Using national language support in Office with VBA

Localization demo application screenshot
Localization demo application screenshot

If you need to handle multiple languages, get some specific regional settings, or do things like implement dynamic runtime language switching in your Microsoft Office solutions, you can leverage some additional help using the national language support Win32 API in VBA.

Do you know why you have to use the US English date format when you assign a date literal to a variable in VBA or in a SQL statement, surrounding it with “#” characters (like in: MyDate = #1/6/2020# for the 6 jan. 2020) ?
That’s because VBA (and the Office Object Model) is internally language locked on the locale which language ID is #1033.

What’s a locale and a language ID ? That’s how Windows manages multi language support.

There’s a lot of information about that on MSDN and on the web. Too much in fact to get started quickly.

This post will try to help you spare some time, make that journey quick and easy and jump into action now.

Here you’ll find :

  • A short review of the key concepts regarding national language support in Windows. Just what you need to know. Like what that means, and what language IDs and locales are.

  • A VBA standard module wrapping some of the most useful NLS Windows API immediately actionable.

  • A Microsoft Access database demo application using the module.
    See the short demo video:

Localization with VBA and the Win32 API demo

National language support with the Windows API

From MSDN:

The National Language Support (NLS) functions help applications support the different language- and locale-specific needs of users around the world.

The National Language Support (NLS) functions permit applications to:

  • Set the locale for the user
  • Identify the language in which the user works
  • Retrieve strings representing times, dates, and other information formatted correctly for the specified language and locale

Locales and Languages

Here’s the short version, while the full version of this topic is on MSDN.

  • In Windows, each language is identified by a 32bits Long value, the LANGUAGE ID, which has two parts:

    • The lower 16bits are the PRIMARY LANGUAGE ID
    • The higher 16bits are the SUB LANGUAGE ID

    Each language id can be translated to a string. For example, 1033 is “en_US” and 4108 is “fr_CH”. “en” is for the PRIMARY LANGUAGE ID, and “US” for the region, is the SUB LANGUAGE ID.

  • Each LANGUAGE ID has an associated LOCALE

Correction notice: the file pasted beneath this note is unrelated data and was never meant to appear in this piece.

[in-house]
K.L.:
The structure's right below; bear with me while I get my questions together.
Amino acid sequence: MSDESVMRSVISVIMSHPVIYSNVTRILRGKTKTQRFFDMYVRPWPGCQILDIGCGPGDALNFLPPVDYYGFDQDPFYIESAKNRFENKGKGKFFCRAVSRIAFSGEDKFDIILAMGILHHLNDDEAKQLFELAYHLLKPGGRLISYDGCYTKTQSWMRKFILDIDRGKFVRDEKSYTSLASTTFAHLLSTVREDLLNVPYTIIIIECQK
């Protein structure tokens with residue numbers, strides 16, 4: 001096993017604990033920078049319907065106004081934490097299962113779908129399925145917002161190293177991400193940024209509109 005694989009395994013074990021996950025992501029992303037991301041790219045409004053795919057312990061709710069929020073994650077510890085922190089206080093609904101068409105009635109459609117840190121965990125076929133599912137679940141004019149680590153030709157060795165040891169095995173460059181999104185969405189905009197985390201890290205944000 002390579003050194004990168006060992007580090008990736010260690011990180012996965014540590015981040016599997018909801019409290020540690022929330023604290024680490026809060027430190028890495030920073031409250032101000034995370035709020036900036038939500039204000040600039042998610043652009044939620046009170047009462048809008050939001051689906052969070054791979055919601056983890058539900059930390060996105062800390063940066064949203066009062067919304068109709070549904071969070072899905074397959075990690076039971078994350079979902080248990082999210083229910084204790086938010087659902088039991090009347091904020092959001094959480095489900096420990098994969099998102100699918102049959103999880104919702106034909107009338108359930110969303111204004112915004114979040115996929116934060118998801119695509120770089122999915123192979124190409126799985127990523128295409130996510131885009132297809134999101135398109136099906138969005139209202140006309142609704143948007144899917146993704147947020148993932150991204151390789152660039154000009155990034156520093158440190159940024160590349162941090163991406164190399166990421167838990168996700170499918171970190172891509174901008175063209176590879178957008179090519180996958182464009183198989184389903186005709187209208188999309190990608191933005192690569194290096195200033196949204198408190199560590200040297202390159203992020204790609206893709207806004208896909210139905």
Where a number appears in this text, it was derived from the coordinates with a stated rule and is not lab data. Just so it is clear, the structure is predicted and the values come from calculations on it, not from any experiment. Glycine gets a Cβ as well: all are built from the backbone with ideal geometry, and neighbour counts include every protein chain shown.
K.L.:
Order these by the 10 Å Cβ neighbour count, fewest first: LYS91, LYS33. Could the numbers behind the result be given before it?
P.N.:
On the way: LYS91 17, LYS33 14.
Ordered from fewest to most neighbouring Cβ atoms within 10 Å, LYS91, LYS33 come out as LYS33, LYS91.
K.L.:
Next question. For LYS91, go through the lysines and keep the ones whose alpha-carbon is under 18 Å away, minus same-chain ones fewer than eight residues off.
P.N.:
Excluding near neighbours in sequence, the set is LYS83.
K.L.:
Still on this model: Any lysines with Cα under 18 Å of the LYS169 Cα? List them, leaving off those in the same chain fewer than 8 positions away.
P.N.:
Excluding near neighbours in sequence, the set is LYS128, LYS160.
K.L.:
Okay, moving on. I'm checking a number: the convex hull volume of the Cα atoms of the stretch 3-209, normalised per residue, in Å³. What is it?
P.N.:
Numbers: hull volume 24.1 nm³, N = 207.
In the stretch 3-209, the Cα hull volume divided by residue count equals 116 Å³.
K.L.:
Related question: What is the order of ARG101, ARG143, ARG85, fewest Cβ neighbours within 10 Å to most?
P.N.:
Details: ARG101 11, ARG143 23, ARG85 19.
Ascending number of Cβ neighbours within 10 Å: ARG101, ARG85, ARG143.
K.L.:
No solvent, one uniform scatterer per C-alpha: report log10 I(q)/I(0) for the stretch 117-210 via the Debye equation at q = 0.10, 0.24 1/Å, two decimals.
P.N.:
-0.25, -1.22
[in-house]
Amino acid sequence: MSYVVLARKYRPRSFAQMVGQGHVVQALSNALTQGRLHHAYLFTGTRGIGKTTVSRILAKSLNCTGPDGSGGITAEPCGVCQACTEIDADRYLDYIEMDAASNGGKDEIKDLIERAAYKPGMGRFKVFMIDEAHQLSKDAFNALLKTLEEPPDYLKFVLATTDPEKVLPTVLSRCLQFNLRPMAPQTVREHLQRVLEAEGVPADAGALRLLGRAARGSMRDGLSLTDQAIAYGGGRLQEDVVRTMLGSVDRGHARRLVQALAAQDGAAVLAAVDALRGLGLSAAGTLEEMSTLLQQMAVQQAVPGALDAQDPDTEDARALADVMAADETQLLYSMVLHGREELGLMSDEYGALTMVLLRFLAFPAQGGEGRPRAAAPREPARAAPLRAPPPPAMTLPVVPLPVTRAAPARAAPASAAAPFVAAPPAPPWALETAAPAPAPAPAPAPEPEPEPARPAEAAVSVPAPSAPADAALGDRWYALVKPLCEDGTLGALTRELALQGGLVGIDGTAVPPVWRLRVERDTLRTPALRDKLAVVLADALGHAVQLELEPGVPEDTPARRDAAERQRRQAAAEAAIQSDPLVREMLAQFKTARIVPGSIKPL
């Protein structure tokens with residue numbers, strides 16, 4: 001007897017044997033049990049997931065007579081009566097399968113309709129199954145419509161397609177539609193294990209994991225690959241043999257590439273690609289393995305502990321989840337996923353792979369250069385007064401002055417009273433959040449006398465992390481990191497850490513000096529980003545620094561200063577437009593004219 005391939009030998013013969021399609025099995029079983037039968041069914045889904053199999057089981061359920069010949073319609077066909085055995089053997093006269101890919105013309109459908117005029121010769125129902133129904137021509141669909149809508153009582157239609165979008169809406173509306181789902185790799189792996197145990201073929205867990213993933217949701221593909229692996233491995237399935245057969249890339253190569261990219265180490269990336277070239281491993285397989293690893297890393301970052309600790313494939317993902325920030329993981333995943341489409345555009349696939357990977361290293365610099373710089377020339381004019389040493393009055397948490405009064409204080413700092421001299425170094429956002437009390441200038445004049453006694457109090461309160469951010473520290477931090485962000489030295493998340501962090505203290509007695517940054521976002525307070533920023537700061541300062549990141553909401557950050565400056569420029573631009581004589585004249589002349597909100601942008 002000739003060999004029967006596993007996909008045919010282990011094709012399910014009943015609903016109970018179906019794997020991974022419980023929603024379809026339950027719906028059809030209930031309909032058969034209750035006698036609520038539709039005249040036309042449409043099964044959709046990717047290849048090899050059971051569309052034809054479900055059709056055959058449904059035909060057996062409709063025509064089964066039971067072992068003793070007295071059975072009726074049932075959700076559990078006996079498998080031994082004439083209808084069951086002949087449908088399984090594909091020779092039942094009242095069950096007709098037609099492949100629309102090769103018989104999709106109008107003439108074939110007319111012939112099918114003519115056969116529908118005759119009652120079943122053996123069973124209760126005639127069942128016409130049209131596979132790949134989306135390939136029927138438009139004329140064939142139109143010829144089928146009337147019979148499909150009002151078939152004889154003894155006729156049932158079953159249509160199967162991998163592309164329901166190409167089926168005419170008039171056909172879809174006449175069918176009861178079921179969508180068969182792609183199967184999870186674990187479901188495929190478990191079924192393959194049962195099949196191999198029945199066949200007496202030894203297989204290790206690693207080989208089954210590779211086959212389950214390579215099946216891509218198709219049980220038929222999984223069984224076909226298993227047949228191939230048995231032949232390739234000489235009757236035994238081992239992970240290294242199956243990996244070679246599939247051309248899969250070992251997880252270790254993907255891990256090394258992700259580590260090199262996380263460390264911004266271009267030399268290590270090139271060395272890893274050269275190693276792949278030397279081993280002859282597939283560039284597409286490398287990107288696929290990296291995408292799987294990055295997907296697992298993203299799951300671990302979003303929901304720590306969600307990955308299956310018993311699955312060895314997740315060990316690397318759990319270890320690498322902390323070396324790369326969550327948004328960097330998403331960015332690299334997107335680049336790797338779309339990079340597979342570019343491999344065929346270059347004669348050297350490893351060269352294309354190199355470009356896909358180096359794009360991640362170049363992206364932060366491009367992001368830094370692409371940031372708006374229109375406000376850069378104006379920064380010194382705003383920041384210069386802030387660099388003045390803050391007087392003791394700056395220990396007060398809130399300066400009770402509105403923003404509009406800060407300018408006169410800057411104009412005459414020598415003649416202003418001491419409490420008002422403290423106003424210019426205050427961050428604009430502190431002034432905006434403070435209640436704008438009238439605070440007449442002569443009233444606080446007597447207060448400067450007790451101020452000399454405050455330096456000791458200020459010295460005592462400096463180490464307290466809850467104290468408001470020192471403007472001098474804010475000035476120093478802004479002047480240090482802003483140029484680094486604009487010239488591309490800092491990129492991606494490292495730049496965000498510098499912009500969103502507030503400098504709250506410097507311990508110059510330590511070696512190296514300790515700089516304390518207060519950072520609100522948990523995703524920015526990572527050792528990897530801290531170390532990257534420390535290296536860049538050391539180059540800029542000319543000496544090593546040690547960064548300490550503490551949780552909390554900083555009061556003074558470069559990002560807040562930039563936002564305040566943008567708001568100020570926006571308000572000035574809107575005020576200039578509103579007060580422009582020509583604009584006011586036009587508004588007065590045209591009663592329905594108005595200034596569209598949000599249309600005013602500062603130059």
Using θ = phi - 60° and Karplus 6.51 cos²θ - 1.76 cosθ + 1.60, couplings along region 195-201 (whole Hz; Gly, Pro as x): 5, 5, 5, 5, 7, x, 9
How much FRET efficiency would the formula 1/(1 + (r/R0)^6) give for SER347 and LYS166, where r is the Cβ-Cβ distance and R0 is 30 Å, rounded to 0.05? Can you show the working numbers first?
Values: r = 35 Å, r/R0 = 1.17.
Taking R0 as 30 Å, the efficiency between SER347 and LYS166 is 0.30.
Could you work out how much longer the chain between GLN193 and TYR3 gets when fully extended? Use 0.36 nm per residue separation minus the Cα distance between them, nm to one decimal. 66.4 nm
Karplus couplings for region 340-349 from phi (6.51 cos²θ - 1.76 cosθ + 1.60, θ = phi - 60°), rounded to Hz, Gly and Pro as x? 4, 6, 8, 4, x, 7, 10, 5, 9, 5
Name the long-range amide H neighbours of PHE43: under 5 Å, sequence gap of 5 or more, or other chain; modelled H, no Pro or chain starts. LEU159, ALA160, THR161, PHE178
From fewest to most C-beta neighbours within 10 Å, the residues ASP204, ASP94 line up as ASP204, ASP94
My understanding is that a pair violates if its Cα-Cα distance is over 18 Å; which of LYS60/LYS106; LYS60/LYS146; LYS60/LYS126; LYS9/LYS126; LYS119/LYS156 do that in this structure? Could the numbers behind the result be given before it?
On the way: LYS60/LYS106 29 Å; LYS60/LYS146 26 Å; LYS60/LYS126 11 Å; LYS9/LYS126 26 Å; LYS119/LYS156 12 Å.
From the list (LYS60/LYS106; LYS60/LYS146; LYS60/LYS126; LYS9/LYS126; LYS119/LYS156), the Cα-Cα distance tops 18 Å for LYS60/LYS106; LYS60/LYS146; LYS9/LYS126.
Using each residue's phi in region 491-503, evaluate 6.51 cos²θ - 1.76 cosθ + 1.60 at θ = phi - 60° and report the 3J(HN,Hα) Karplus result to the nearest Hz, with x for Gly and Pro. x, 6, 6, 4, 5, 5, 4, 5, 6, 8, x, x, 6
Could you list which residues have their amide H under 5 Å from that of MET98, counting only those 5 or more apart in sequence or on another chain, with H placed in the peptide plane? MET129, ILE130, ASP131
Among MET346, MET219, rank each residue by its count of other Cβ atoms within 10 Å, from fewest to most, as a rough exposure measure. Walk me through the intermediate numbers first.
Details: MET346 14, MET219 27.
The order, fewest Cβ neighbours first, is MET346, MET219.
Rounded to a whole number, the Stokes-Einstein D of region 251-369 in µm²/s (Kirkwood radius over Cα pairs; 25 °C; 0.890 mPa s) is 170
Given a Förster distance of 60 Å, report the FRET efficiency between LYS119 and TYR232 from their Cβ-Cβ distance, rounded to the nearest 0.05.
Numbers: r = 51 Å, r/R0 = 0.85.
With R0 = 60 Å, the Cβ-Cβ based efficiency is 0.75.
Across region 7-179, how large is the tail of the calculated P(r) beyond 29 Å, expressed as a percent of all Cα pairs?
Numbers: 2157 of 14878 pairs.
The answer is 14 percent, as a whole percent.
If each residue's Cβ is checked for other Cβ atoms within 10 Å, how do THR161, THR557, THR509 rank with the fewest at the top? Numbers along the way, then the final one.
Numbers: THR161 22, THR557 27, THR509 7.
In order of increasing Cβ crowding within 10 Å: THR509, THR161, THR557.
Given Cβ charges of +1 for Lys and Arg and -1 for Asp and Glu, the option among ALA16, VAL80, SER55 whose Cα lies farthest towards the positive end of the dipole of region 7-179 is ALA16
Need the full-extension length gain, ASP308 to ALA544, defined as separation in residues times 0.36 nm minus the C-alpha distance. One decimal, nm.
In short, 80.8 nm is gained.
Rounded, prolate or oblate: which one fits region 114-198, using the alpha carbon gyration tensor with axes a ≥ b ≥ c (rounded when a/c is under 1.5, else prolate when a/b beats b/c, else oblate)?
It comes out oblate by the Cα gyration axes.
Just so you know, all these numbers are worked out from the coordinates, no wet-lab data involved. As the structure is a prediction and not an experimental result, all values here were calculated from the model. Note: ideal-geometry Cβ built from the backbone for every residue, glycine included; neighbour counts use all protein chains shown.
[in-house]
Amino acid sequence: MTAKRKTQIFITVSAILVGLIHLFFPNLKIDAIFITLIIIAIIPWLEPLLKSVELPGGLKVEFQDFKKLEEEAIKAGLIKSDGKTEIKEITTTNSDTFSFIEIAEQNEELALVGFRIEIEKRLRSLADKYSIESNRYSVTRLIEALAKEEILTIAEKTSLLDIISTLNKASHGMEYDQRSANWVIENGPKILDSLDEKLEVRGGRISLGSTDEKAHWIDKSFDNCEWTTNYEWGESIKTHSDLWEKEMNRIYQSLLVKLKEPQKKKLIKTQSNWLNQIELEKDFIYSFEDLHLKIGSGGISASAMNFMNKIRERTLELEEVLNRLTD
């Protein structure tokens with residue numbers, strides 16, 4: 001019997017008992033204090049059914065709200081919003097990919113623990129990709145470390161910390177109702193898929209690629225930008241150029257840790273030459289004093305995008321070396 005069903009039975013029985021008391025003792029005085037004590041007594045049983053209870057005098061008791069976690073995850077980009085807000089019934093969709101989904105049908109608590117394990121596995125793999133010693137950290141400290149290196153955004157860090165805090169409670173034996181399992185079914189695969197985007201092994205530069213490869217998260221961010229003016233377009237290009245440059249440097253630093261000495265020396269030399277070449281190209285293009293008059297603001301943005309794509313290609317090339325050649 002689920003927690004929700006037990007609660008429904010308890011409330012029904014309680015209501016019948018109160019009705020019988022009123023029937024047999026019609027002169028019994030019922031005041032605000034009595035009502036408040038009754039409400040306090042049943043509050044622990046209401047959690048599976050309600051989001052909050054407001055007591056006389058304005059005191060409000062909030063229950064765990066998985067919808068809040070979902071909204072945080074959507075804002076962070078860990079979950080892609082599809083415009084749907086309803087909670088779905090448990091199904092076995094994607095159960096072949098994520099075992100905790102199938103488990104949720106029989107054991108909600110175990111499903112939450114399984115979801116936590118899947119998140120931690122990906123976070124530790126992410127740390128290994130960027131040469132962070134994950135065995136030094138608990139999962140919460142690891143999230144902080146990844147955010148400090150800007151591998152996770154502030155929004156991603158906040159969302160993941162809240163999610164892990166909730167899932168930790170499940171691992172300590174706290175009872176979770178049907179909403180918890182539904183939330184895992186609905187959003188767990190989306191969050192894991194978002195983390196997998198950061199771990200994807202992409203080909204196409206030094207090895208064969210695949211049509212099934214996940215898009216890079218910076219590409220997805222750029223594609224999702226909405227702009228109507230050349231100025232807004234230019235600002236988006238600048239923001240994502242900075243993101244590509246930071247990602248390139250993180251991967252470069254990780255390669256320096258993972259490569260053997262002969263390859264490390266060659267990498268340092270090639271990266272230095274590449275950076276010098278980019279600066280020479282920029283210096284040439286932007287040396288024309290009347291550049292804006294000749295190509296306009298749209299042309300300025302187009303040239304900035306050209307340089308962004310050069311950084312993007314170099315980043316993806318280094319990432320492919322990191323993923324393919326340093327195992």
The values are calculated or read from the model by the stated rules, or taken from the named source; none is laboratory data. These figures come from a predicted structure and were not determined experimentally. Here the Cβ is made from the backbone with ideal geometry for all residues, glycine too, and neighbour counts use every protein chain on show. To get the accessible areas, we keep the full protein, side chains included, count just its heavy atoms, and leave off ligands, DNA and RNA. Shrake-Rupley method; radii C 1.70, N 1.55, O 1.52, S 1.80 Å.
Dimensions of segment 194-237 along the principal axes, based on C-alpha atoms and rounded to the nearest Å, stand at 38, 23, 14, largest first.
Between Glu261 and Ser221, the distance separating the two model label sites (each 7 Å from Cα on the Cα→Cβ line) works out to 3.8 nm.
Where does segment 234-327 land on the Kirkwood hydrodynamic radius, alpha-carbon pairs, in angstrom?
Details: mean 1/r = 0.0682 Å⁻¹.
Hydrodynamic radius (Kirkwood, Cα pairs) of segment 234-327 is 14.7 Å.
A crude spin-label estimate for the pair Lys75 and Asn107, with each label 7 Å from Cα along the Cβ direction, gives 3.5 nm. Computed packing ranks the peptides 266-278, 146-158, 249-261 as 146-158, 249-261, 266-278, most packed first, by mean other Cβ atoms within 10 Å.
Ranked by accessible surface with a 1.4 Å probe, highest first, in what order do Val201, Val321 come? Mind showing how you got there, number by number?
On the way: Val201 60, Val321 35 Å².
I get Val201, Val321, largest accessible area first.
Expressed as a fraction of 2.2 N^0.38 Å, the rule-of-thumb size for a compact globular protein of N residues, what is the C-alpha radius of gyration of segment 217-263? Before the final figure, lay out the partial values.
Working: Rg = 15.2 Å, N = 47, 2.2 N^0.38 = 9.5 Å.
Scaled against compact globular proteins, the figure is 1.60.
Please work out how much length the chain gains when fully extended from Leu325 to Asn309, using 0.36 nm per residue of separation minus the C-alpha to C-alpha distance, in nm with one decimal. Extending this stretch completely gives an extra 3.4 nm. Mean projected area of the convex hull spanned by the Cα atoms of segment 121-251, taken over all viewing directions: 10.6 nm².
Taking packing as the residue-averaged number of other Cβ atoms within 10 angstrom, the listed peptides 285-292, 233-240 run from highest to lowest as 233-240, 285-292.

A “locale” is a collection of language-related user preference information represented as a list of values

  • Each value in the locale list, is indexed by (ie accessible via) a 32bits Long value, the LOCALE ID.

  • There can be multiple locales associated with one (primary) language (“en_US”, “en_GB”, etc…).

  • By using a valid LANGUAGE ID, applications can get localized strings and regional settings, like the full or abbreviated names of days and months, the region currency name and symbol, the various date and time formats, etc…

  • There is a preinstalled set of languages (and their locale settings) that ships with Windows.

    • LANG_SYSTEM_DEFAULT is a predefined constant for the language ID used to install WIndows. SUBLANG_SYS_DEFAULT represents its sub language ID.
    • LOCALE_USER_DEFAULT is a predefined constant for the language ID set for the current user.
    • There’s a predefined set of constants (LANG_*) for PRIMARY LANGUAGE IDs.
    • There’s a predefined set of constants (SUBLANG_*) for SUB LANGUAGE IDs.

Microsoft Office Application object language settings

Each VBA project in an Office application has access to a global Application object that has a:

  • LanguageSettings member that will give us a set of language IDs (MsoAppLanguageID enumeration), among which we can distinguish:

    • The language ID used to install Office (msoLanguageIDInstall),
    • The language ID in use for the current application (msoLanguageIDUI)
  • LanguagePreferredForEditing() function, that returns True, if a given language ID is used for editing (however that applies to the application).

Example (demo database)

Localization_win32.accdb, in this github repository, is an Access Database that illustrates how we can retrieve these language and regional settings from VBA.

It contains the MIntl.bas standard Visual Basic module, that wraps the necessary Win32 API functions and declarations. It also provides shortcut functions for some frequently used settings.

More on globalization

Globalization Documentation portal on MSDN.


The files of this project are in the github repository, including the demo database (MIT license).